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Daily Dose: Run For Your Life; Happy & Childless; Lap-Bands For Teens? Disabilities Rising

This article is more than 8 years old.

Running Time as a Measure of Heart Health - NYTimes.com "Dr. Berry notes that fitness varies greatly with age and sex, and that mile-time estimates are just easy benchmarks for patients and doctors to begin a discussion about fitness. Over all, he said, a 10-minute mile for a middle-aged man and a 12-minute mile for a woman suggest a good level of fitness. “The principal finding of these studies is that your fitness level when you’re young is highly predictive of heart disease risk 30 to 40 years later,” he said. “If we’re trying to boil this down into practical implications, it’s the speed at which you can run. Heart disease risk increases markedly for every minute longer it takes you to run a mile.” (well.blogs.nytimes.com)

Does having children make you happy? - CNN.com "...one in five American women now ends her childbearing years without having a child, compared with one in ten in the 1970s, according to recently released U.S. Census data." (CNN)

Lap-Band, teens: Allergan seeks FDA approval for Lap-Band surgeries for teens - latimes.com "With sales of its Lap-Band weight-loss device declining, Allergan Inc. has its eyes on a new set of potential customers — overweight teenagers. The Irvine company has asked the Food and Drug Administration to approve Lap-Band surgeries for adolescents as young as 14, and is conducting clinical trials on teenage patients, said Cathy Taylor, a company spokeswoman." (Los Angeles Times)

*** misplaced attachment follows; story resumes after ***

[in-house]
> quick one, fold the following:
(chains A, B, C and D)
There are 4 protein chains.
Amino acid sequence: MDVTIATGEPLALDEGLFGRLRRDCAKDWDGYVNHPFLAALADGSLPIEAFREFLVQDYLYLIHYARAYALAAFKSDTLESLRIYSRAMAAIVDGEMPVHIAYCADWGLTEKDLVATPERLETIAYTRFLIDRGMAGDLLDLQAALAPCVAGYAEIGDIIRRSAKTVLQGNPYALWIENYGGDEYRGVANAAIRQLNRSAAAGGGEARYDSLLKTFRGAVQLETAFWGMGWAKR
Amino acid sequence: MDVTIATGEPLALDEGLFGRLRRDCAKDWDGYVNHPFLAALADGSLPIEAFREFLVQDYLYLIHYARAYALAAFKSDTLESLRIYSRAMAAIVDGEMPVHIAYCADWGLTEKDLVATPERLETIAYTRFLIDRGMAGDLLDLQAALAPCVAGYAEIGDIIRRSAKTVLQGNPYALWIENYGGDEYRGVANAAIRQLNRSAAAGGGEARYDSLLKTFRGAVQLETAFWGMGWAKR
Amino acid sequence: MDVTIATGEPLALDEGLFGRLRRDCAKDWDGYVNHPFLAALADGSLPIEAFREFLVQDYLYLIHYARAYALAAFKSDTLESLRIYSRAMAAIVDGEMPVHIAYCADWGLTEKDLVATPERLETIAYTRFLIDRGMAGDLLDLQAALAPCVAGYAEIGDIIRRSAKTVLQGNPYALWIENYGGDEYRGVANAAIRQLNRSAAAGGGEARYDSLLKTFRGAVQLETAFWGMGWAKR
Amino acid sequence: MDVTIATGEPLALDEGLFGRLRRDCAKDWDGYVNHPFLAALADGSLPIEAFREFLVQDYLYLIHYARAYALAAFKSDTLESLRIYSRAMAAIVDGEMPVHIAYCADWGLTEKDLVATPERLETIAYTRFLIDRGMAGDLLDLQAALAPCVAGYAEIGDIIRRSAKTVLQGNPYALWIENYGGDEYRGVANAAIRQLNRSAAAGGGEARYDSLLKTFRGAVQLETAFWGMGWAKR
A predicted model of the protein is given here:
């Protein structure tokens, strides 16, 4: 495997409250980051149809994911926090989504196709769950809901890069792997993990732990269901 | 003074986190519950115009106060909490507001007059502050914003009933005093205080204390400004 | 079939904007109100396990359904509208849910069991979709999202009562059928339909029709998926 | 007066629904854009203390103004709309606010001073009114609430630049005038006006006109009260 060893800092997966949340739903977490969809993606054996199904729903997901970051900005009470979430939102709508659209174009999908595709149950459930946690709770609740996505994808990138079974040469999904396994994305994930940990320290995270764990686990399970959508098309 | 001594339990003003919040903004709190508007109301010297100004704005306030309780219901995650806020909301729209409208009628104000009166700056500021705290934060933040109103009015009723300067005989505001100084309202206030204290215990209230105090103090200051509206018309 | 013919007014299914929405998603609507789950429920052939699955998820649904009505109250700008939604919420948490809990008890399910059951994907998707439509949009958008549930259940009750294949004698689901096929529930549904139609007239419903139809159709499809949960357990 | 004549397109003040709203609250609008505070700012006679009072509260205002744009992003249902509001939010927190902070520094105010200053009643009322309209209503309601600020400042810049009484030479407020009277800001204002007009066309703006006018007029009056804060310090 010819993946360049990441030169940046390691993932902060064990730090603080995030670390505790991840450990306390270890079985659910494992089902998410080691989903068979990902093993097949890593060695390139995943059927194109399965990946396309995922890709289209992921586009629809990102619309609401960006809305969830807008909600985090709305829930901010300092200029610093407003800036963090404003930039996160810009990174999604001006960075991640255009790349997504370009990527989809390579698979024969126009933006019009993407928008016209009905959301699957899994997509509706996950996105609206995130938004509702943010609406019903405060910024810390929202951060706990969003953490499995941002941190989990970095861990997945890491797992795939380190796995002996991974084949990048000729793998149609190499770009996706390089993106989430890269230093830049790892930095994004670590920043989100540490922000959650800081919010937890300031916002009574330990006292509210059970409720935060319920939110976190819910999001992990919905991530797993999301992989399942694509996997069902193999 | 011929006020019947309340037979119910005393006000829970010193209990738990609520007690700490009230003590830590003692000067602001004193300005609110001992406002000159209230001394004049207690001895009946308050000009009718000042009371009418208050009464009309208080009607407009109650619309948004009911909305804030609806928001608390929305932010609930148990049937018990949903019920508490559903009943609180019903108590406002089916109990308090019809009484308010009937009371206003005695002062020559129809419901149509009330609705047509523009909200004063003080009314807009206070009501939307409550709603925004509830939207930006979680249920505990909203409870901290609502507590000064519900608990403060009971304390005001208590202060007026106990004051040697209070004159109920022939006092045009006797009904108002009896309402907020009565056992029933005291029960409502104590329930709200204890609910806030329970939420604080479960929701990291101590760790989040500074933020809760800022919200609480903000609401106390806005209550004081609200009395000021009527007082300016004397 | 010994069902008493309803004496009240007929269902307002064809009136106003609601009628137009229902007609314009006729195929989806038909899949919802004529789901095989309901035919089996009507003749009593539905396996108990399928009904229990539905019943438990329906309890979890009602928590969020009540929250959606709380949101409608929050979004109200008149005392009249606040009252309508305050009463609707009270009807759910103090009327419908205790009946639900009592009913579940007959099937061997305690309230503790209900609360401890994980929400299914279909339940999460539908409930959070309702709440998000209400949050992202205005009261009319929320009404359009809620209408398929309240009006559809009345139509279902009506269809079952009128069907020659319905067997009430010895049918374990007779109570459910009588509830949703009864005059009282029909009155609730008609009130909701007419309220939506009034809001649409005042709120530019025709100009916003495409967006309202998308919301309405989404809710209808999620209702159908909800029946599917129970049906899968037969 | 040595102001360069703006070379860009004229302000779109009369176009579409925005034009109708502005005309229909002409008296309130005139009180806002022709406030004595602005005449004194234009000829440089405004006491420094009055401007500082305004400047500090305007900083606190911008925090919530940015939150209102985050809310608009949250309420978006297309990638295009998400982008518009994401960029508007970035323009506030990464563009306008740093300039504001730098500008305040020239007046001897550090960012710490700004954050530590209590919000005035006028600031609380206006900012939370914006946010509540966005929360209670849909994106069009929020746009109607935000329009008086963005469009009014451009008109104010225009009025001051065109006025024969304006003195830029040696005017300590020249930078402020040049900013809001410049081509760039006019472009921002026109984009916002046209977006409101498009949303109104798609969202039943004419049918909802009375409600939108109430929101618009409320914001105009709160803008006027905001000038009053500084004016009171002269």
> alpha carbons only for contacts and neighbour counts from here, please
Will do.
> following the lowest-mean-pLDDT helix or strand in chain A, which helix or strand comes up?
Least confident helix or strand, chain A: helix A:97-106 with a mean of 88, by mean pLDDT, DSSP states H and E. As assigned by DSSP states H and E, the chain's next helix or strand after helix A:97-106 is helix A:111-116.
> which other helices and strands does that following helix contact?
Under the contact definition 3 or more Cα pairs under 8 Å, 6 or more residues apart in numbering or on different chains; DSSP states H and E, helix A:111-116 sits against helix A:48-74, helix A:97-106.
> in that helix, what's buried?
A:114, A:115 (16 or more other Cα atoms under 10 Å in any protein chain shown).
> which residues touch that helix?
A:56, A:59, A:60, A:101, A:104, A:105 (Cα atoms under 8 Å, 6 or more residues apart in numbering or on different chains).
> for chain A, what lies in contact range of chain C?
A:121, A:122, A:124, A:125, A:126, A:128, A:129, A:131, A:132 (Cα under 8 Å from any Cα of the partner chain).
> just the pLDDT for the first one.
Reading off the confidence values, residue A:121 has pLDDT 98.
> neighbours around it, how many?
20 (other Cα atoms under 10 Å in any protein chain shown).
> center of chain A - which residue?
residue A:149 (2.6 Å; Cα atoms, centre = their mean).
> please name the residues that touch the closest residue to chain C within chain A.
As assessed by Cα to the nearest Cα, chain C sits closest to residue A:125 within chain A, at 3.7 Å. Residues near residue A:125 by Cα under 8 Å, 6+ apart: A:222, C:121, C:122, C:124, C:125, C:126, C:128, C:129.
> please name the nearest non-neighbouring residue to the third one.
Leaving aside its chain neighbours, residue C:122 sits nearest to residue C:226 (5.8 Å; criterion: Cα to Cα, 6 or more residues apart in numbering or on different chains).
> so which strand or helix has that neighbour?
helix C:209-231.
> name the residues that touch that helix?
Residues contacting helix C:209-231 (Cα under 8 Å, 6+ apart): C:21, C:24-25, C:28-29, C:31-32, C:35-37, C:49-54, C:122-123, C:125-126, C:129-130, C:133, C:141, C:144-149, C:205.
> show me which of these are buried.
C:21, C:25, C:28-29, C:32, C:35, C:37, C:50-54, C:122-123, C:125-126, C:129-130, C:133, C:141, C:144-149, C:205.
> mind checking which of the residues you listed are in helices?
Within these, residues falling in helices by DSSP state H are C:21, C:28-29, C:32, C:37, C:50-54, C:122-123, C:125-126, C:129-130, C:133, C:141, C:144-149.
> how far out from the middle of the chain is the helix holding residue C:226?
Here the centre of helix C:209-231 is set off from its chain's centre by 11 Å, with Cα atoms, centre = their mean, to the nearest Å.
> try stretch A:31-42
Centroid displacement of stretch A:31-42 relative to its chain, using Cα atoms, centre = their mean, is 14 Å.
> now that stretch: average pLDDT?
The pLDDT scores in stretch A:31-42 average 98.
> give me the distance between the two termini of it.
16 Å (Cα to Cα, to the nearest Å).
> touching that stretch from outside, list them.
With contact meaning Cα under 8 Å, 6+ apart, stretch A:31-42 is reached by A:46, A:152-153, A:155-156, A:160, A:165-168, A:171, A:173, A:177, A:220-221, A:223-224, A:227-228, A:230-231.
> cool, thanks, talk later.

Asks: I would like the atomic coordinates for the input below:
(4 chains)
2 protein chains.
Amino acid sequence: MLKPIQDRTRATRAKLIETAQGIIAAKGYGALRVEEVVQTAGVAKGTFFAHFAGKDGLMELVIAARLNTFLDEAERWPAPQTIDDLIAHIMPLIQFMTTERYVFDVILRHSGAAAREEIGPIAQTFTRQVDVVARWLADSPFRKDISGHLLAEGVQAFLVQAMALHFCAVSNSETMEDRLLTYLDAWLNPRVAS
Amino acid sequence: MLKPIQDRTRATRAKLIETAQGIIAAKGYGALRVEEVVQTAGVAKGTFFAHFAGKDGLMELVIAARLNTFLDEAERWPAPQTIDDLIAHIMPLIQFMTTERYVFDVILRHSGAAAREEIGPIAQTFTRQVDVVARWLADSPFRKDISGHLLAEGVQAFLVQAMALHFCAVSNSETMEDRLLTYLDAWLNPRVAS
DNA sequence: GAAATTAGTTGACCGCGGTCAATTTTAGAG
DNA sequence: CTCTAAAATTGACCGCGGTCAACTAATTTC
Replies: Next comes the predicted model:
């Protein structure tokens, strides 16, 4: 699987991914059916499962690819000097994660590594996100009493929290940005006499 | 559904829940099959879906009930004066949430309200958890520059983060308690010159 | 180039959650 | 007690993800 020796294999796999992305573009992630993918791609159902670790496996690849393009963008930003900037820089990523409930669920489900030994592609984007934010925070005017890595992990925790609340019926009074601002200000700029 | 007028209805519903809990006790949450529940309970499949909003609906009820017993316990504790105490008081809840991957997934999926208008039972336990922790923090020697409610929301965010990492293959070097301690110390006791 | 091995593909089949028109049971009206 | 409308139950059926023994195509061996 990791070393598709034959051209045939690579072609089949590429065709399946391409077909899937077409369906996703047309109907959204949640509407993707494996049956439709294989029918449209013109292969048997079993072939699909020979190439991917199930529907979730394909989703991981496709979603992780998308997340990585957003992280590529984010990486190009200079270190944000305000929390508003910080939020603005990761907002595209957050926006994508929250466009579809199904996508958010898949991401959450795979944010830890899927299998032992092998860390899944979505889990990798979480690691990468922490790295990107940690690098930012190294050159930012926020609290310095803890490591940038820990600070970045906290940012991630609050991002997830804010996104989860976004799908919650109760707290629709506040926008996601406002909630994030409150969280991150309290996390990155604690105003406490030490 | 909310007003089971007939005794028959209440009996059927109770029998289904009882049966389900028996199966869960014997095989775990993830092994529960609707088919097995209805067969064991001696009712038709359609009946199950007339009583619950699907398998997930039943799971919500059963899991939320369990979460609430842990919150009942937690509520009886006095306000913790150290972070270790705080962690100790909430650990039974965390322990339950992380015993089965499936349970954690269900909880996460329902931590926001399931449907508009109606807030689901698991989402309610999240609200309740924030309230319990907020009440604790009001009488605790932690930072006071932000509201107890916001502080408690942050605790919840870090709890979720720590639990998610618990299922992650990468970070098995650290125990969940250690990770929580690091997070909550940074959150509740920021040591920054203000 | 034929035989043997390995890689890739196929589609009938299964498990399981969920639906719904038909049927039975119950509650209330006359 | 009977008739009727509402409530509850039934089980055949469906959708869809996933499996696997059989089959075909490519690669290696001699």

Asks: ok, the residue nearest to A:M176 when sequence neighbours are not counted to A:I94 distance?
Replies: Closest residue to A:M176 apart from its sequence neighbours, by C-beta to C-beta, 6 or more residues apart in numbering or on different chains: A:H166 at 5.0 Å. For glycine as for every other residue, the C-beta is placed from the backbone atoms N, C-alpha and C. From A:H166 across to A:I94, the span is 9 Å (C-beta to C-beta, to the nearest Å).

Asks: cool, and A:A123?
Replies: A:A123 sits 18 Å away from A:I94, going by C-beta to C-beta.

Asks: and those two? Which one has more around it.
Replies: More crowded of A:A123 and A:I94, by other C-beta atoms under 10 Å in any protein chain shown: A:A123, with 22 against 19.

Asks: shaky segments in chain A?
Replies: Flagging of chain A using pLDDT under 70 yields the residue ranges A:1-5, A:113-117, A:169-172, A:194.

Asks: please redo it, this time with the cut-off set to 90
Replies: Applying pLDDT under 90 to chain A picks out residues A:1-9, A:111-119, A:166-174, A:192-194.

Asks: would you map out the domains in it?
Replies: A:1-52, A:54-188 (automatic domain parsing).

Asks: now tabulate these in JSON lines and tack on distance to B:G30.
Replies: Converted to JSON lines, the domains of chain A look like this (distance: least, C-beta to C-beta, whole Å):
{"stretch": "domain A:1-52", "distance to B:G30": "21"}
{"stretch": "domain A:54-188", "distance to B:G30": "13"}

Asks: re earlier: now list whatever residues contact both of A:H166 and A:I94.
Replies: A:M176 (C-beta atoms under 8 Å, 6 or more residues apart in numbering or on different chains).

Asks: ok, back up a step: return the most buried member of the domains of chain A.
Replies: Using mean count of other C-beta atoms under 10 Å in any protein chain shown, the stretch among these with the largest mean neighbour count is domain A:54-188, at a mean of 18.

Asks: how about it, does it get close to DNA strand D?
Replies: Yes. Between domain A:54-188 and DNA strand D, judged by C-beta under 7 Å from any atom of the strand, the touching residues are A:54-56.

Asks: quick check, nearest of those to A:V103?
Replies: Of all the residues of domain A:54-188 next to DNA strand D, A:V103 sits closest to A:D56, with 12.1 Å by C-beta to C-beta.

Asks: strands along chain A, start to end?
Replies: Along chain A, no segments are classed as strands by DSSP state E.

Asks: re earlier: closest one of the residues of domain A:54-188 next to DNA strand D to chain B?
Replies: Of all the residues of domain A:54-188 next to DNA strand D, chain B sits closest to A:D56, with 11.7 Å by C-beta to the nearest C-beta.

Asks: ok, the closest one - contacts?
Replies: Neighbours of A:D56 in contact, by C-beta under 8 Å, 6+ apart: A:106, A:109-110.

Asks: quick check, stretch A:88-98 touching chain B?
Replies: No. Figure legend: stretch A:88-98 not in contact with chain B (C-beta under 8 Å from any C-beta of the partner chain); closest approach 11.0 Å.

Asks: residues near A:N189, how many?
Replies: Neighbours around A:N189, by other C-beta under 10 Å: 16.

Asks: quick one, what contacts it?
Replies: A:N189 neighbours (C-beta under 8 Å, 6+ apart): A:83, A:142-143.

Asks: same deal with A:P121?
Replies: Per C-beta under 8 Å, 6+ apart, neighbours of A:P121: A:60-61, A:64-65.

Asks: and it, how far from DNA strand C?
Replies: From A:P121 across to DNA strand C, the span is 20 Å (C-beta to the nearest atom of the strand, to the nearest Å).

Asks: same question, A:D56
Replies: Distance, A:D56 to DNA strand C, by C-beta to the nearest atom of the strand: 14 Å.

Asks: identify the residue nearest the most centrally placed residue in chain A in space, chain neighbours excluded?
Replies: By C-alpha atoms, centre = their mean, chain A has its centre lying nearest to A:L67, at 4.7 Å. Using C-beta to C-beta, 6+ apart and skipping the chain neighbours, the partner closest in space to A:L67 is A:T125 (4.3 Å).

CDC: Developmental Disabilities Affect 1 In 7 U.S. Kids : Shots - Health Blog : NPR "Fifteen percent of American children have a developmental disability, including autism and ADHD, according to a new report from the federal Centers for Disease Control and Prevention. That's an increase of almost 2 percentage points from 1997 to 2008, or almost 2 million kids." (npr.org)

Byrd's eye injury highlights importance of safety glasses - Daily Dose - Boston.com "That said, parents can take precautions to reduce their Little Leaguer's risk of eye injuries. Bating helmets and caged masks for catchers certainly help, but Gardiner says the best protection is a pair of safety glasses. They're shatterproof and made of polycarbonate, and they retail for about $35 to $45.
MLB players don't usually wear them, yet oddly enough they're wiling to sport swim goggles in the locker room to protect their eyes from spraying champagne. (The alcohol can be an irritant.)" (boston.com)

This program aired on May 24, 2011. The audio for this program is not available.

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